Tuesday, October 28, 2008

Rye Dill Bread

On my day off last week I was eager to make bread and to use two ingredients: rye flour and dill seed from my garden. I used two Joy of Cooking recipes as my guide and made plenty modifications.

Here's what I ended up with.

Rye Dill Bread

Combine the following in a large bowl or mixer.

1 cups all purpose flour
1/2 cup rye flour
1/2 whole wheat flour
1 tbsp sugar
1 tbsp dill seeds
1/4 cup chopped onion
I package yeast ( 2 1/4 tsp)
1 1/4 tsp salt

Mix dry ingredients together.

3/4 cup warm water (115-125 degrees F)
1 large egg

Mix together with spoon or dough hook on mixer. Add 1/4 cup of all purpose flour at a time for a total of 3/4 to 1 cup, until dough is smooth but not sticky.

Knead 10 minutes until elastic.

Place in oiled bowl and let rise for 30-45 minutes until doubled in size. Punch down and place in greased loaf pan. Let rise again for 30-45 minutes until doubled again. Meanwhile,
preheat oven to 450 degrees F. When loaf is risen, brush top with melted butter and sprinkle with dill seeds and salt.

Bake 10 minutes at 450, then decrease oven temperature to 350 and bake 35-40 minutes more. Loaf is done when crust is a deep brown and sounds hollow when knocked on the bottom. Turn out of pan and cool on wire rack.

My loaf made a nice brown crunchy crust because I used a stoneware baking pan. The rye flavor wasn't pronounced, I may increase the rye next time. I was conservative with it because I know it can negatively influence how much the bread rises. The dill flavor was definitely there, but not too strong.

Monday, October 27, 2008

Transplanting Seedlings

With the cold weather setting in, I'm doing a few things backwards. Usually one starts seedlings indoors and then transplants them outside. I'm doing the opposite. I dug up lettuce seedlings that are not making much progress outside and am moving them inside. When I went out to transplant them into a window box, I waited until 10 in the morning so that the chill would be out of the air. However, when I went around to the garden I found it still in the shade of the house and covered with frost. I attempted to dig up the lettuce, but the ground was pretty frozen for the first few layers.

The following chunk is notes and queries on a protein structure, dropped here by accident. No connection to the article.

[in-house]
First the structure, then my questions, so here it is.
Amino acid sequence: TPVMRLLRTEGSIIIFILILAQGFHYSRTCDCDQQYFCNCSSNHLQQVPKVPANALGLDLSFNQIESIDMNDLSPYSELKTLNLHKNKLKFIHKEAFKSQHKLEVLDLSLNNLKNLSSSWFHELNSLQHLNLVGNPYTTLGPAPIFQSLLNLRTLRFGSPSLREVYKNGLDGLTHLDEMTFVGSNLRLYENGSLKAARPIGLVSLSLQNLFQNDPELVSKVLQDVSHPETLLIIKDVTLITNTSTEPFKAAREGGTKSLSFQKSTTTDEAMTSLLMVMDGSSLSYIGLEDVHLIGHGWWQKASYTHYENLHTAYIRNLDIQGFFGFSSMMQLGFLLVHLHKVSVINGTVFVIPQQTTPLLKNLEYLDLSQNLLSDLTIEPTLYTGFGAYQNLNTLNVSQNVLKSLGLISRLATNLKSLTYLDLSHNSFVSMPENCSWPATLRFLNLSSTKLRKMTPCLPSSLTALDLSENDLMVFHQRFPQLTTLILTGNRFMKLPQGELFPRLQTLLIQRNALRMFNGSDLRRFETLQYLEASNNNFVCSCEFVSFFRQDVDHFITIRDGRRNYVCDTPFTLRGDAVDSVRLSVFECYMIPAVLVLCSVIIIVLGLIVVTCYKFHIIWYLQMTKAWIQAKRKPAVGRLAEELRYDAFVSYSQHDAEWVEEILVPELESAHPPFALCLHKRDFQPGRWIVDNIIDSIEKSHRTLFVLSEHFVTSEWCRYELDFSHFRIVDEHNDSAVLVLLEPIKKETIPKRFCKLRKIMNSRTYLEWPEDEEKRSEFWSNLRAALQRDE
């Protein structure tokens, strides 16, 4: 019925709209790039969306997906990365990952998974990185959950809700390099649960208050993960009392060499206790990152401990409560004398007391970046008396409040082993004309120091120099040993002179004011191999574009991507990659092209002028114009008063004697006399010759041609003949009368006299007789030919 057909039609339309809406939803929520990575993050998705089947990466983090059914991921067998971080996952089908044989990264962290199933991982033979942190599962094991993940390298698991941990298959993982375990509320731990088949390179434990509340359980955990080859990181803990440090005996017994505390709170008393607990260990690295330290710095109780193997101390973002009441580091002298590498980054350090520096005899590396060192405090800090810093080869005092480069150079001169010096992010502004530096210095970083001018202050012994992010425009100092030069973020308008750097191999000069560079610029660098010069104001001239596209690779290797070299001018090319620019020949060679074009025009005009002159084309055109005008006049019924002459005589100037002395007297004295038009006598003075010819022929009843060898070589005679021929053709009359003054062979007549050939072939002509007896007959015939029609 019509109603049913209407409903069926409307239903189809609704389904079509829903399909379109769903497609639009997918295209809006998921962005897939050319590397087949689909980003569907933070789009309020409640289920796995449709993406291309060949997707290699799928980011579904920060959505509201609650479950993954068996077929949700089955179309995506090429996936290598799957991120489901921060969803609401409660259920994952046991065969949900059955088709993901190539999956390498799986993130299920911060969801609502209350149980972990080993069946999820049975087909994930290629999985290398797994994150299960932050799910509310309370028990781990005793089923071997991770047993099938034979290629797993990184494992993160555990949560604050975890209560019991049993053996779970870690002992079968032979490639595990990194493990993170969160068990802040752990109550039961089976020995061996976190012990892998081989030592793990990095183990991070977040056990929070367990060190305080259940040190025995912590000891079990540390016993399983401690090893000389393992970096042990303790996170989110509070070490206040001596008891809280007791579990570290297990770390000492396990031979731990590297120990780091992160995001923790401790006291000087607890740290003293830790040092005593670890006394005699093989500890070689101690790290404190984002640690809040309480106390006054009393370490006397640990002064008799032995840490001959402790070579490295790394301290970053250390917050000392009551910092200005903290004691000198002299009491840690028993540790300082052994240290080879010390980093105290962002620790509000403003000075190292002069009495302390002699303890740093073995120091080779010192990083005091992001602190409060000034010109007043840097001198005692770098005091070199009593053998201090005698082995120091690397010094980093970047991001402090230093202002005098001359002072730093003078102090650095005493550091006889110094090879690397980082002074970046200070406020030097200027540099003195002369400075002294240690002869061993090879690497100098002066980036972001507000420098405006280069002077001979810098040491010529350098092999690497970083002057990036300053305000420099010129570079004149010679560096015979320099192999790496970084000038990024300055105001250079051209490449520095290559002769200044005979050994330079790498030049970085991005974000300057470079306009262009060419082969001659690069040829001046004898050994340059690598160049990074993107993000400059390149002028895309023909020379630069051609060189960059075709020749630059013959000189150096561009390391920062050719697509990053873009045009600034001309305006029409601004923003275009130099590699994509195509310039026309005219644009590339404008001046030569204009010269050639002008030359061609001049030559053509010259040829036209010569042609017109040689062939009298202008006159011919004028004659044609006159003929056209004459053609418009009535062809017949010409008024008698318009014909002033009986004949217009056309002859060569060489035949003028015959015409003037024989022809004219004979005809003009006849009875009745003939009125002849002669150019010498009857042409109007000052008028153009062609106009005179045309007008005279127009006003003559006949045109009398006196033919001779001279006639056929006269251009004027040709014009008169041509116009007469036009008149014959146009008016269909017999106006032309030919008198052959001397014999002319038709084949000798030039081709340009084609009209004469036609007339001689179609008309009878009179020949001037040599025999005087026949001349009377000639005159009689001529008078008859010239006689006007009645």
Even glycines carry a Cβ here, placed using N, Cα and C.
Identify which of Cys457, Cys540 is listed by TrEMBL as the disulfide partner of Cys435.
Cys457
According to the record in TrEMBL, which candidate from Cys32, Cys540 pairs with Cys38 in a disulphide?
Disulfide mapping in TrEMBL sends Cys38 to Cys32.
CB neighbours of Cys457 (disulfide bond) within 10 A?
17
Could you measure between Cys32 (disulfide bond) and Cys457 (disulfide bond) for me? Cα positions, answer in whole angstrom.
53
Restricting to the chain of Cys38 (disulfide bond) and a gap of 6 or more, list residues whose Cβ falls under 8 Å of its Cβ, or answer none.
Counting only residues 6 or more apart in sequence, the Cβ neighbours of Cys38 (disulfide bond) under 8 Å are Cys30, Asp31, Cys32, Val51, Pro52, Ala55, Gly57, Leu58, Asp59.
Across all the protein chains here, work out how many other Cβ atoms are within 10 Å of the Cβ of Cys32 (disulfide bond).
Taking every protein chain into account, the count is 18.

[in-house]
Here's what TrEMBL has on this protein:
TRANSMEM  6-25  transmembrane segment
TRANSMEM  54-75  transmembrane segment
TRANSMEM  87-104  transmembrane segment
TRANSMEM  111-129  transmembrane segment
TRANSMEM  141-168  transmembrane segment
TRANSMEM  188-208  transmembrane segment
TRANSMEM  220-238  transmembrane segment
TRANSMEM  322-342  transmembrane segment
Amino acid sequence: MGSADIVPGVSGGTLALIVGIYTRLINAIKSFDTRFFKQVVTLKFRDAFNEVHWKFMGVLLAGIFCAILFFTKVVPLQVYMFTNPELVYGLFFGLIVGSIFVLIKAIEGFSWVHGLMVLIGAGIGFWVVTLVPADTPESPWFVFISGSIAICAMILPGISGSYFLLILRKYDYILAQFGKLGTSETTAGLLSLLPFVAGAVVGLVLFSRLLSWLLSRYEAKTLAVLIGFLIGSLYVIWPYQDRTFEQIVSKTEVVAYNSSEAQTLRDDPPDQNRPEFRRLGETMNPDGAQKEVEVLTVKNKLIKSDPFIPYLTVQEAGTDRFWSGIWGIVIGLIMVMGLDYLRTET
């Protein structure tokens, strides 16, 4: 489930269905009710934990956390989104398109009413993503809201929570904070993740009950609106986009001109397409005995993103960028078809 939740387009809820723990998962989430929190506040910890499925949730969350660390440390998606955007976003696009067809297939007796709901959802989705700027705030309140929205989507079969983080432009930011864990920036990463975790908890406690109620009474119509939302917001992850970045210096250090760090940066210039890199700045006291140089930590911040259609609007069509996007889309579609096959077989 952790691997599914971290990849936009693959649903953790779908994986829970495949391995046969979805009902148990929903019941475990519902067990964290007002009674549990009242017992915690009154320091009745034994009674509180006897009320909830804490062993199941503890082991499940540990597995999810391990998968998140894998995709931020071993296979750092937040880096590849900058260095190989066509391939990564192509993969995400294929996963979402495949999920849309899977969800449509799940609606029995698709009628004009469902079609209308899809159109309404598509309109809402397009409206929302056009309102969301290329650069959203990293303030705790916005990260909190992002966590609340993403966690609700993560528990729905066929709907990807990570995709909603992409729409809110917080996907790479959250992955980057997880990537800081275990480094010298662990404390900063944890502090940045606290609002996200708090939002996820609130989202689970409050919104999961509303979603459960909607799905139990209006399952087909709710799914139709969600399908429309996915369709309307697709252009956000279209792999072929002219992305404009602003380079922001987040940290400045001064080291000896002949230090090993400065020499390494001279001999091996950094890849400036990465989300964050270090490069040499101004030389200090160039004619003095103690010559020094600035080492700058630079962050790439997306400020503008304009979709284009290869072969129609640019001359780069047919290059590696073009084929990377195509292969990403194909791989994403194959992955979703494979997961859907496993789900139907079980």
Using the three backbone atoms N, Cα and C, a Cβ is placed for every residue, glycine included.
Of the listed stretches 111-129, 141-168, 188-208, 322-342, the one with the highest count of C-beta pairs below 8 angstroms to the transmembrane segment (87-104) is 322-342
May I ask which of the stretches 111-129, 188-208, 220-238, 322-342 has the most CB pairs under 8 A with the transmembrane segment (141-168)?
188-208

I waited an hour and came back when the sun had melted the frost and warmed the soil a bit. As it was, I was pulling up chunks of frozen soil, which gave the advantage of holding the roots and soil together. I filled my window box mostly with soil from the garden, placed the seedlings on top, and then added some potting soil to the mix.
Though my south-east facing windows don't get full sun the warmth should give the lettuce an advantage for growth. It seems as though the garden isn't getting much sun these days anyways. In another experiment in indoor gardening, I've also planted lettuce seeds around my potted swiss chard. We'll see if they sprout.

Saturday, October 25, 2008

Plum Cake

I subscribe to a Tuesday Recipe email from Tori Ritchie. The recipes are always interesting by I think this is the first one I've used. It came just as we were wondering what to do with the rest of the Italian prune plums. They were getting soft and very ripe. We'd made a Plum Tart with the first part of them, but wanted to do something different. A friend came over for dinner on Wednesday night so that gave us a good excuse to make the Plum Cake. The batter was especially good with almond and lemon flavors. My plums were a little past prime and so it was hard to cut them. My other problem was that I didn't have a spring form pan and the plums sinking into the batter made parts of the cake weaker. So when I turned it out onto a plate, the middle fell a part a bit. It still looked and tasted good. I think I'll be using the cake dough recipe again with another fruit like apples or pears.